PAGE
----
Life after death by PowerPoint
Probably everyone’s experienced at some time ‘Death by PowerPoint’: a presentation that, rather than engaging your attention, makes you want to run away. Slides packed full of bullet points ‘organizing’ text that appears as a wall of words, and to add insult to injury, the speaker is often duplicating the text.
PowerPoint has become a source of ridicule, with Google’s former Research Director, Peter Norvig, declaring it to be more dangerous that a loaded AK47, because it harms more people.
He isn’t alone: a distinguished Professor Emeritus famously declared that ‘power corrupts, and PowerPoint corrupts absolutely’. But behind the satire there’s a serious point: according to recent and ongoing Multimedia Learning (MML) scholarship, we’re pedagogically problematic in at least two ways: we’re overloading lecture slides with text and we’re not using images effectively, if at all. Most of us probably recognize the first issue, but the second is paramount.
We seem to have forgotten that a picture paints a thousand words, and that images help us see what people mean. They can be of inestimable value in teaching social sciences.
We live in a visual era. Hundreds of millions of images are daily uploaded to the web through an ever-expanding range of visual platforms. People get knowledge and understanding from images long before coming to University. They communicate with images from very early childhood; babies learn from seeing before reading.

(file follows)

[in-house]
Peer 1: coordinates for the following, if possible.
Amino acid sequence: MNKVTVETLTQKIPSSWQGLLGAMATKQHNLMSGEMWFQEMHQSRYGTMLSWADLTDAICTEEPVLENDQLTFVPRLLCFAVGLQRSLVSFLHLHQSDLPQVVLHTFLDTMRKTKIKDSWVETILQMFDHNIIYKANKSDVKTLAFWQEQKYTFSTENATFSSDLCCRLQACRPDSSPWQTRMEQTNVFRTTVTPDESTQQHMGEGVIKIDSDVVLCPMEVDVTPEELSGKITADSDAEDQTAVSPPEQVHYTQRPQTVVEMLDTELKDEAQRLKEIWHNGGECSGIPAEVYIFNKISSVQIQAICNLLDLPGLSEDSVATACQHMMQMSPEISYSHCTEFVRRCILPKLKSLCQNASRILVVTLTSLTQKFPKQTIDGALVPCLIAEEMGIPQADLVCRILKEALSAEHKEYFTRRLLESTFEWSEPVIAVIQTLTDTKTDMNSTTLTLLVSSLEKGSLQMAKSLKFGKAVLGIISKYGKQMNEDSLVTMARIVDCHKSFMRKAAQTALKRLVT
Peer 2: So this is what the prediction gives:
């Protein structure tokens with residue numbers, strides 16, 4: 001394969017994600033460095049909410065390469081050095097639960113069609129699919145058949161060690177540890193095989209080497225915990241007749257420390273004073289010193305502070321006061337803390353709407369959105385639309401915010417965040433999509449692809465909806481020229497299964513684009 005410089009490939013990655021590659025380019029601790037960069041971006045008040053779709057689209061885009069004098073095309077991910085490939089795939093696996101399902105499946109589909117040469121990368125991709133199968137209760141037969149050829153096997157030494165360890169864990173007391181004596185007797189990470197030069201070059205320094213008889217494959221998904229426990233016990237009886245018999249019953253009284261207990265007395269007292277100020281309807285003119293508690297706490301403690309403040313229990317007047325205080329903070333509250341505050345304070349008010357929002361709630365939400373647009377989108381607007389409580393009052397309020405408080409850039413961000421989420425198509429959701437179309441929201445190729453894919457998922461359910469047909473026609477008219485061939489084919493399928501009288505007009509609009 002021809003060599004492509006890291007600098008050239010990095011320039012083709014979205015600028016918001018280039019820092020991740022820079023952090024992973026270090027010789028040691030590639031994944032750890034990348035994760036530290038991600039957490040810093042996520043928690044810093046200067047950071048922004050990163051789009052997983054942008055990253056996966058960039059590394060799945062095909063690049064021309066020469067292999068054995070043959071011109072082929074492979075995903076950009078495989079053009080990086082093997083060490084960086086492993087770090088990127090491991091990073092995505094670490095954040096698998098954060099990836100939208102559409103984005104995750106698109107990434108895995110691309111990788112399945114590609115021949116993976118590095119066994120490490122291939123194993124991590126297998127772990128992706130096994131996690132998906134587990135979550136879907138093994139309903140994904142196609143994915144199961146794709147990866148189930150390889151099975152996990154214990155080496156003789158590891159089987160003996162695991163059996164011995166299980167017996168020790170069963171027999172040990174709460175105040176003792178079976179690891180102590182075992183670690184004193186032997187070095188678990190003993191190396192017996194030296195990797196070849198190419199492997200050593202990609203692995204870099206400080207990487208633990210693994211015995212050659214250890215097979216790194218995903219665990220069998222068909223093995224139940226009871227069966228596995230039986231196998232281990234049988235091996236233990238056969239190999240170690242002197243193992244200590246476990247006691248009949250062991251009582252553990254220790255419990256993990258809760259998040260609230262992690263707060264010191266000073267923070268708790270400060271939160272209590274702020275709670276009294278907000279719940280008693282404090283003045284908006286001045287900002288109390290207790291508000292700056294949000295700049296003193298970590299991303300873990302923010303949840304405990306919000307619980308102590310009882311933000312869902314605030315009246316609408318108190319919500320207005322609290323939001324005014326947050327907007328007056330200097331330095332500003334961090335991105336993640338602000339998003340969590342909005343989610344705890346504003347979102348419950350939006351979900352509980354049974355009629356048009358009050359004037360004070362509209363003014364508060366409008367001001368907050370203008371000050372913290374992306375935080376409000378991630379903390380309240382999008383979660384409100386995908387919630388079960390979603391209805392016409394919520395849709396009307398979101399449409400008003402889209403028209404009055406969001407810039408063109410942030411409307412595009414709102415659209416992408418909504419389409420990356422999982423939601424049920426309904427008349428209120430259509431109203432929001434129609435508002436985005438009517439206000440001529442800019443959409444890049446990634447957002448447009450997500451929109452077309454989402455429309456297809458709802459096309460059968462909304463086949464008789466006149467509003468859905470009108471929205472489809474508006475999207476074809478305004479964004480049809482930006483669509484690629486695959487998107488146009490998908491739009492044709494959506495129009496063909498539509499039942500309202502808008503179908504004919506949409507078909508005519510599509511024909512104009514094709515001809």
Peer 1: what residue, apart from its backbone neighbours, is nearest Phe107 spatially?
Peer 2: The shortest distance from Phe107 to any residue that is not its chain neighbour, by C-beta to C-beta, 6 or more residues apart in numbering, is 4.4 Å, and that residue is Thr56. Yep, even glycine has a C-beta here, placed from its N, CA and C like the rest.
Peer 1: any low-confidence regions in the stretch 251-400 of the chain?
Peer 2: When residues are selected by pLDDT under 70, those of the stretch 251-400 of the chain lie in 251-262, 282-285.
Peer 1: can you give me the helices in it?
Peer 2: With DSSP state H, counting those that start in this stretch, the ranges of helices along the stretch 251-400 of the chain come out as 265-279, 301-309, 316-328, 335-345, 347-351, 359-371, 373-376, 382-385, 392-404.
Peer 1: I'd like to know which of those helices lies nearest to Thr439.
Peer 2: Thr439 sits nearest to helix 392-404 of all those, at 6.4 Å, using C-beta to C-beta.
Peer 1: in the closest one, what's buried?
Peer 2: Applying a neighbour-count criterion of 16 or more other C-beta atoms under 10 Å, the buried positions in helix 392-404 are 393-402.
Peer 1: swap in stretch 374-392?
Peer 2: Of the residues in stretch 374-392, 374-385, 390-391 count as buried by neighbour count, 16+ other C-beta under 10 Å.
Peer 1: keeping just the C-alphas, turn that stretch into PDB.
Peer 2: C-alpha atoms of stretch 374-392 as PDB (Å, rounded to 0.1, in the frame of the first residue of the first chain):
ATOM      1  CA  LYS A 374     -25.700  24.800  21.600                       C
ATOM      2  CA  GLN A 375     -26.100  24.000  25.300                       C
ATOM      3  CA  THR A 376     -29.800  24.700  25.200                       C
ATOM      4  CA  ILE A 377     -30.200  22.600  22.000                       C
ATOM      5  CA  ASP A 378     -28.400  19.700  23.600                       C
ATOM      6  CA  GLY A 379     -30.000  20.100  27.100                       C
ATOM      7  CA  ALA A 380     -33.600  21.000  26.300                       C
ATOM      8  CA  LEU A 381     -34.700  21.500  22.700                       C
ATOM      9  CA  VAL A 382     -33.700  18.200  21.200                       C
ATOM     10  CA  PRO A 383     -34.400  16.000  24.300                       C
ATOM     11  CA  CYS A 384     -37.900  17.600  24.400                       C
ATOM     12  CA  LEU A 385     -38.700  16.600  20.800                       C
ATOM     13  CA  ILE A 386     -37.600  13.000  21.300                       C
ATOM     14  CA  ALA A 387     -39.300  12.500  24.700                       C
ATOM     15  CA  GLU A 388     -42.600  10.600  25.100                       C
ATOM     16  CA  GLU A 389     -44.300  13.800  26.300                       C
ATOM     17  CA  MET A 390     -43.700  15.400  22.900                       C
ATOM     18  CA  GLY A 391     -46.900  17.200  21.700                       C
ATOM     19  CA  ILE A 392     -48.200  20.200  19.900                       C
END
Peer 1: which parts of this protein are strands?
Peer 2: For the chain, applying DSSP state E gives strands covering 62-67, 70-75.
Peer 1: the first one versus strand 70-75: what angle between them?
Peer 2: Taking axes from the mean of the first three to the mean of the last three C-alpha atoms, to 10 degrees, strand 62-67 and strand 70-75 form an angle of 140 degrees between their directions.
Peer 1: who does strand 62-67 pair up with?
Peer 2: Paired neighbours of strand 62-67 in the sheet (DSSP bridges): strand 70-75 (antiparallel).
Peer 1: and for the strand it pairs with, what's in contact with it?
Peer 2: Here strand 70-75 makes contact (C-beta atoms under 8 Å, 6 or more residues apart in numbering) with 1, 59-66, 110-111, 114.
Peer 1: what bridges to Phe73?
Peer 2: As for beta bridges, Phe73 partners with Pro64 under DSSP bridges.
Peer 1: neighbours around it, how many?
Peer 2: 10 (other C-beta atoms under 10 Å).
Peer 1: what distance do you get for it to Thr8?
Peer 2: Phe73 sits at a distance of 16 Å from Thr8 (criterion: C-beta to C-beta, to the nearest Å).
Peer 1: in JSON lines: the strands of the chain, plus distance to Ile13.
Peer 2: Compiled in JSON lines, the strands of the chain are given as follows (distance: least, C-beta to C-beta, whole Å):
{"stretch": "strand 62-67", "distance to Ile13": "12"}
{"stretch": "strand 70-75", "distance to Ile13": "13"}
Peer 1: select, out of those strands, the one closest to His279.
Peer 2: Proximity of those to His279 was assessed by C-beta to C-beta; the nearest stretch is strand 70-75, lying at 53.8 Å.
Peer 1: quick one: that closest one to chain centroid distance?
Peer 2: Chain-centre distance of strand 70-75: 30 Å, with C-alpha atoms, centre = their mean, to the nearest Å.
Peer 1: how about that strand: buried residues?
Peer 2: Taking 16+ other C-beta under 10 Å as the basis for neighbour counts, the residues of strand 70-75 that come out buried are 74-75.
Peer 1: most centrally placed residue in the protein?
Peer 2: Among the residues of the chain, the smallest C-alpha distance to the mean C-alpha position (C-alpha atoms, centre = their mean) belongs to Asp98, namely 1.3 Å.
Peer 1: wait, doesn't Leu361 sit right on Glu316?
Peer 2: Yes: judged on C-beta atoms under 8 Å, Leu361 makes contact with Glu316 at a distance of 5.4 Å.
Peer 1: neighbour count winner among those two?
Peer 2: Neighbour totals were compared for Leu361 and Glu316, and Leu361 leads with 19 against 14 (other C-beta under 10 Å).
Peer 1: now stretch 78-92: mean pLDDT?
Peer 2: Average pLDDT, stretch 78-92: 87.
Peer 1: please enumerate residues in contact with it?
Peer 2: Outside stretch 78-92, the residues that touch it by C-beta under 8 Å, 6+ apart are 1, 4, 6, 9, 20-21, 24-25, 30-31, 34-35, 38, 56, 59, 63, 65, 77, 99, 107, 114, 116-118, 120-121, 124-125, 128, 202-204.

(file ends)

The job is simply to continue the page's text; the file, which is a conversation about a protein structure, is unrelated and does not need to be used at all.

This generation of students expects imagery when they enter Higher Education. Marc Prensky calls this generation ‘digital natives’, representative of a visual turn enabled by digital photography and dissemination across the Internet. Tietje and Cresap argue that academia is ‘marketed overwhelmingly to… young adults [for whom] visual media dominate’ (2005), and that was 10 years ago.
But we’re still eccentrically text-centric, digitally dated and pedagogically pauce. Fortunately, it doesn’t take a great deal to transform how we use PowerPoint; indeed, it is almost perfectly suited for substantially improved large group lecturing. We know this from Multimedia Learning (MML) research.
MML, defined as ‘building mental representations from words and pictures’ (Mayer, 2014, p. 2), revolves around the idea that ‘people can learn more deeply from words and pictures than from words alone’ (2014, p. 1). This MML research tells us to balance the flow: images for eyes, words for ears. It often instinctively feels right.
It doesn’t mean doing away with text. It means not overloading ears and under-utilizing eyes. We can keep as much text as we want in the ‘notes’ view, which students will access via the slides uploaded to their Visual Learning Platform. As a general rule, we should use text on slides only as prompts for us and contextualizers for students. We should make that text around 30 point font and we should not have more than one line of it, unless we’re putting in quotes. It’s too much to absorb, it’s overpowering and it’s counter-productive.
The formula is simple, the intellectual context solid. Mayer’s work, underscored by decades of research into cognition and memory, is widely-recognized and published by Cambridge University Press. And beyond the Ivory Silo, others like Nancy Duarte, Garr Reynolds and Guy Kawasaki are are making leaps and bounds in improving audience engagement with presentations.